Everyone remembers where they were on Step Day—the day the plans for Stepper devices leaked onto the internet and every child who built one discovered that the Steppers allowed them to travel “sideways” to the next parallel Earth next door. The world changed forever on Step Day, as endless new frontiers opened with the flip of a switch. Joshua Valiente was only 13 on Step Day, but he took to Stepping like a fish to water, experiencing none of the disorientation and nausea that struck almost everyone else. Since then, he has traveled further than anyone else he knows of, and has even discovered that he doesn’t need the Stepper device but can Step on his own. A loner by nature, Joshua is skeptical at first when he is approached by the artificial intelligence named Lobsang who wishes Joshua to travel with him to the farthest reaches of what’s now known as the Long Earth, but in the end the lure of the unknown is too great to resist. As they two travel further and further into the parallel worlds, things become stranger and stranger, and they begin to realize that something out there is threatening the stability of the entire system and only they have the wherewithal to stop it. Meanwhile, back on the “original” Earth, the political and economic system, already destabilized by Stepping, quickly approaches a cataclysmic collapse.
Readers expecting another Discworld will not find that here. While The Long Earth shows flashes of Pratchett’s wit and inventiveness, it is a very different beast altogether, with a much more serious, sci-fi tone. One hopes that future sequels will delve further into the unusual ecosystems of the Long Earth and continue to flesh out the characters of Lobsang and Joshua.
Galilee Garner—Gal for short—is a prickly person at best, and something of a loner. A biology teacher at a private high school, she is known to students and faculty alike as a hard taskmaster, but one who prides herself on turning out more AP exam high-scorers than anyone else. She lives alone, with only one close friend—her polar opposite, the school’s sensitive and outgoing art teacher. She’s also in the end stages of kidney failure and must keep to a strict dialysis schedule to survive. Her one main ambition in life is to breed the next unique, stand-out breed of rose in the greenhouse out back. Gal’s carefully structured existence is thrown into disarray when her unreliable sister’s teenage daughter Riley arrives unannounced on Gal’s front stoop. At first resistant, Gal begins to soften to her niece and the two—one damaged by years of chronic illness, the other by years of neglect and sporadic affection dished out by a drug-addicted mother—form a tentative bond. Riley begins to find herself among her fellow students and Gal finds herself reaching out and making new friends herself, something she never expected.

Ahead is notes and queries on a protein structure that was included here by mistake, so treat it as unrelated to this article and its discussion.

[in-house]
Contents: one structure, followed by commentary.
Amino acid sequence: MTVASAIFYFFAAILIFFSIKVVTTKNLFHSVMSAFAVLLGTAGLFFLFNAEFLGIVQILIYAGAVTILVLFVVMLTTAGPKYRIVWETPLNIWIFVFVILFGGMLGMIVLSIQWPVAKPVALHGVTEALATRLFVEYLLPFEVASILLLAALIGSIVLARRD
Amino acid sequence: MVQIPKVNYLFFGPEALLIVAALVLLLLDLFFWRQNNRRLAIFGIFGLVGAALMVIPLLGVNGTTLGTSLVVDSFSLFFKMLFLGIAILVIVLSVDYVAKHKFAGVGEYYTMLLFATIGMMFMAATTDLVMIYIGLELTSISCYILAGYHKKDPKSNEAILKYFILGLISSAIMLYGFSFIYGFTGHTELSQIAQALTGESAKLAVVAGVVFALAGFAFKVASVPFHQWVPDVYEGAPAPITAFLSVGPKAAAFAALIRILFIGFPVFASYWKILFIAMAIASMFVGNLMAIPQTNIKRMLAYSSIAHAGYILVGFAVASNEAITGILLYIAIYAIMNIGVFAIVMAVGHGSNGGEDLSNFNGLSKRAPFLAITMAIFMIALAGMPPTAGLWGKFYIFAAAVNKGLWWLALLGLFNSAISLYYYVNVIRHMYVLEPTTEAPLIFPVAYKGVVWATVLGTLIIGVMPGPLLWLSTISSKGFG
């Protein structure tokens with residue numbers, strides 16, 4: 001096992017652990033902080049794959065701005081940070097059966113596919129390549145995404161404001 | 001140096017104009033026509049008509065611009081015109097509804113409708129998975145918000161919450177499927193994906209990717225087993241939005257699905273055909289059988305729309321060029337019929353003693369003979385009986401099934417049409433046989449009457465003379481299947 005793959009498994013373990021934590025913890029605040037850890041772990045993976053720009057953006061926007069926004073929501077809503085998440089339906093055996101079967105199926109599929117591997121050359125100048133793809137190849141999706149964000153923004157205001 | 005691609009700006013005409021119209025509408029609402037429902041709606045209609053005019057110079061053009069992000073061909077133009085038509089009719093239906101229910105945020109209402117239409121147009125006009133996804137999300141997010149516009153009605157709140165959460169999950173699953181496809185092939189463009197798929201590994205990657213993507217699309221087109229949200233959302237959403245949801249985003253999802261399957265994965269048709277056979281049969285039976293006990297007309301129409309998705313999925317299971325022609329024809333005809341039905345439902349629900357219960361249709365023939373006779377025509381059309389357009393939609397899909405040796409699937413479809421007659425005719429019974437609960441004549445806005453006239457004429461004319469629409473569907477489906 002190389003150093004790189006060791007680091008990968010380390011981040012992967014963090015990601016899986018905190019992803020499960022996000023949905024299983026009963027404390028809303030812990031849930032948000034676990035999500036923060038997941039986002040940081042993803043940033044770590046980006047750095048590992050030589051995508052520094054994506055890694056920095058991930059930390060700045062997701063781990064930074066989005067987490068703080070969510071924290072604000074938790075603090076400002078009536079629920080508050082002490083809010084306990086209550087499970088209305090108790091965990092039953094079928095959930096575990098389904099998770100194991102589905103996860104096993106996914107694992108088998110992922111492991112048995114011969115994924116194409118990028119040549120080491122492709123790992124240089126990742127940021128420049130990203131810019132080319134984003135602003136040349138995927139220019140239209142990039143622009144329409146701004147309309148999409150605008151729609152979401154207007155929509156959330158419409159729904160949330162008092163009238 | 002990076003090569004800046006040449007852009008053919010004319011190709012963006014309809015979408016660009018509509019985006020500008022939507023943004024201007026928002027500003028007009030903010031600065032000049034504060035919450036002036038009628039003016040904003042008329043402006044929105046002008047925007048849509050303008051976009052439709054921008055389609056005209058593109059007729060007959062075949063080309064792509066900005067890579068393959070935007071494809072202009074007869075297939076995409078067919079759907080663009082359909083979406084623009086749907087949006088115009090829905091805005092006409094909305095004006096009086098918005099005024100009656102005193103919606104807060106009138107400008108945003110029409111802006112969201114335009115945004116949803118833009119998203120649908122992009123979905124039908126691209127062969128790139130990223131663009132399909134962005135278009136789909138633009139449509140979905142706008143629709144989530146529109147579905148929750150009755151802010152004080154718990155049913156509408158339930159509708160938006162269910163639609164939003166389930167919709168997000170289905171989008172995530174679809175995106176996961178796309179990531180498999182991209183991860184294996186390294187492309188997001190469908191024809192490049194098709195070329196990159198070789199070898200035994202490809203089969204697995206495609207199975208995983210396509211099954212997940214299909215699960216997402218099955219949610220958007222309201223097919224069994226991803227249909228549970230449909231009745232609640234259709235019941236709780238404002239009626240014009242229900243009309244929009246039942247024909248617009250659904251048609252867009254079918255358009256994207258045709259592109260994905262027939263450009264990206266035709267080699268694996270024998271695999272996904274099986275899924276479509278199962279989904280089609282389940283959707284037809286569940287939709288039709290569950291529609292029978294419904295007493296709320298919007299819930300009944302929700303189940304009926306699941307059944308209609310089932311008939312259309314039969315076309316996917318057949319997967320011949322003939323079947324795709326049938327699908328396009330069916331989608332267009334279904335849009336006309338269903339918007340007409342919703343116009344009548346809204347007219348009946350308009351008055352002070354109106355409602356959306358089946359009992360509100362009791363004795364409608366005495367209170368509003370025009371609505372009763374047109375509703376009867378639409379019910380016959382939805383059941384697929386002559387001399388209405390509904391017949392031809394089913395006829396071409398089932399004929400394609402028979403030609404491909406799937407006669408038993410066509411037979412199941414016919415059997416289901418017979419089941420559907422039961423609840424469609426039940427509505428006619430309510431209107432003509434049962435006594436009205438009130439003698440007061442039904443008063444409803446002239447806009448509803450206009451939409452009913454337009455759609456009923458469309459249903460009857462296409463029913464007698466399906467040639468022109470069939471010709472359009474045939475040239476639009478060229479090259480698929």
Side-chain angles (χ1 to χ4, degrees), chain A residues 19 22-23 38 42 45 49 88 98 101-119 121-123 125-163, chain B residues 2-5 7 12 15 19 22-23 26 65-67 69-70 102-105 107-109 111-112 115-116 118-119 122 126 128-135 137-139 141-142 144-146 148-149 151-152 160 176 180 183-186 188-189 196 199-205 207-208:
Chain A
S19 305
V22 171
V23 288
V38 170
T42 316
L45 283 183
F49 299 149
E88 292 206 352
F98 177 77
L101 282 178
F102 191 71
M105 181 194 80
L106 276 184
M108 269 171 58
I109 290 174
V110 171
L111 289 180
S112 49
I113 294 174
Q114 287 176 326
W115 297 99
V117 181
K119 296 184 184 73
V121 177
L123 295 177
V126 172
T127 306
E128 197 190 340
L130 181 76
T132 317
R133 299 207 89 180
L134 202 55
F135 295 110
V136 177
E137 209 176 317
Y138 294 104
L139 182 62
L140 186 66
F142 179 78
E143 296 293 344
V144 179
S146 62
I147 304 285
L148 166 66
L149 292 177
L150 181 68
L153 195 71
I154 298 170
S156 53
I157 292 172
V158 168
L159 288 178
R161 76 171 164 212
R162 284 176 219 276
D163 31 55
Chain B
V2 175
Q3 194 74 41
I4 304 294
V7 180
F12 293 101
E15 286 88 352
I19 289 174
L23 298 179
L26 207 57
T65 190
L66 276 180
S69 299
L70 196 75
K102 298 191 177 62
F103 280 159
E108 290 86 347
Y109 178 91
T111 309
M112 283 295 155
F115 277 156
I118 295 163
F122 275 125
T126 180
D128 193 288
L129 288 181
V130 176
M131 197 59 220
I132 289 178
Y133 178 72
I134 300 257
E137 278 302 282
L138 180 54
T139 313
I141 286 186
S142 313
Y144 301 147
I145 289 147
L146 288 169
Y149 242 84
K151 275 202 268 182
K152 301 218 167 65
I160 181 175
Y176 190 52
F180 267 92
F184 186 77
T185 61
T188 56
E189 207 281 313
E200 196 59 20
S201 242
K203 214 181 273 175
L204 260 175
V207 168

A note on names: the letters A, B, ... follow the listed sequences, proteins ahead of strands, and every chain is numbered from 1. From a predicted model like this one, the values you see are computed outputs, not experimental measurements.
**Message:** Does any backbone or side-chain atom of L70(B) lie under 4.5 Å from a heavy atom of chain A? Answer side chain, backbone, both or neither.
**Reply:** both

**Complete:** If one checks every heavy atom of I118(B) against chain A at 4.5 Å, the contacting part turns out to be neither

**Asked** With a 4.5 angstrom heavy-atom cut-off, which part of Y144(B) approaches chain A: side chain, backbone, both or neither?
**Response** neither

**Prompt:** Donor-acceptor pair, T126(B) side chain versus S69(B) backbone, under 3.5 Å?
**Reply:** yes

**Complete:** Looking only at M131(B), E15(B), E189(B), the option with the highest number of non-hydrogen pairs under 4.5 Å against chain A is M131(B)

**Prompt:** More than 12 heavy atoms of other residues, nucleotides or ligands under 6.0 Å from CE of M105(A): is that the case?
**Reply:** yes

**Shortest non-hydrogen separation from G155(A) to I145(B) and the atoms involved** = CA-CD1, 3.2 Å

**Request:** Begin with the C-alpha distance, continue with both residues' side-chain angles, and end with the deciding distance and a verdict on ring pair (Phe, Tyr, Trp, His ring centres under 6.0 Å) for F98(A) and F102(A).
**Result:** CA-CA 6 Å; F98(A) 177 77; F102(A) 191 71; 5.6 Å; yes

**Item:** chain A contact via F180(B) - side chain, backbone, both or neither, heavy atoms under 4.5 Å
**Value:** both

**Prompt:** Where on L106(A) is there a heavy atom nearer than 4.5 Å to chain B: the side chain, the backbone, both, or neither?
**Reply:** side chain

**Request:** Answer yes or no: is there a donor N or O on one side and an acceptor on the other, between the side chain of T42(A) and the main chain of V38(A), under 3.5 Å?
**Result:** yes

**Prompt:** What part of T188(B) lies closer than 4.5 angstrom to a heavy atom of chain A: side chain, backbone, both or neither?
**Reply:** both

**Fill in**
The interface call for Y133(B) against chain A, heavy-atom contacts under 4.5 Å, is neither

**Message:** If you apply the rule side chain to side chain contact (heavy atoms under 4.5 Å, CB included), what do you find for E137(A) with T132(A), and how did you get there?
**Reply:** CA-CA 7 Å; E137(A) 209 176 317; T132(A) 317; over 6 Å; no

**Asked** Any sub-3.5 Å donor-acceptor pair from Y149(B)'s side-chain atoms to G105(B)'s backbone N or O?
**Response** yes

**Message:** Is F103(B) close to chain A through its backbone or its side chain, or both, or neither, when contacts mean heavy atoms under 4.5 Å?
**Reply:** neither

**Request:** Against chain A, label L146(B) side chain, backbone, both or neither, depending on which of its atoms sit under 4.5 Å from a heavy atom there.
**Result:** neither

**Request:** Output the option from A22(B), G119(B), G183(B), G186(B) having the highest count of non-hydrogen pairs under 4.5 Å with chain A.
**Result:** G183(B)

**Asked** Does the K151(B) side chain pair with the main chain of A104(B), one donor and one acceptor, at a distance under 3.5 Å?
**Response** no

While the rose-related metaphor is the tiniest bit heavy-handed, the story is a touching one as an at first thoroughly unlikeable character begins to develop into a better version of herself and a dysfunctional family comes together with a new understanding of each other’s struggles.
Can't get enough of Downton Abbey? These novels will keep you satisfied until the next episode:
Life Class by Pat Barker
The American Heiress by Daisy Goodwin
Losing Julia by Jonathan Hull
The House of Riverton by Kate Morton
The House at Tyneford by Natasha Solomons
The Return of Captain John Emmett by Elizabeth Speller
A Bitter Truth by Charles Todd
Maisie Dobbs by Jacqueline Winspear
Whimsical, magical, and full of wonder, Wood’s stories beguile the reader into a version of England’s foggy Cornwall coast in which the unexpected not only can happen but usually does. Characters in these stories live side by side with creatures out of mythology, sometimes becoming those creatures themselves. In the title story, staying husbands have become mermen and their wives must brave the depths to bring them home. In Countless Stones, a young woman helps a former lover as he house-hunts while slowing and inexorably turning to stone. In another stand-out story, Of Mothers and Little People, a daughter discovers that her mother is a fully-formed human being in her own right, with secret joys that daughters seldom imagine in their parents—in this case, a faery lover.
These are truly grown-up fairy tales, with touches of magical realism and outright enchantment never obscuring the very real stories and characters underneath. There are few easy answers or pat morals in these fairy stories.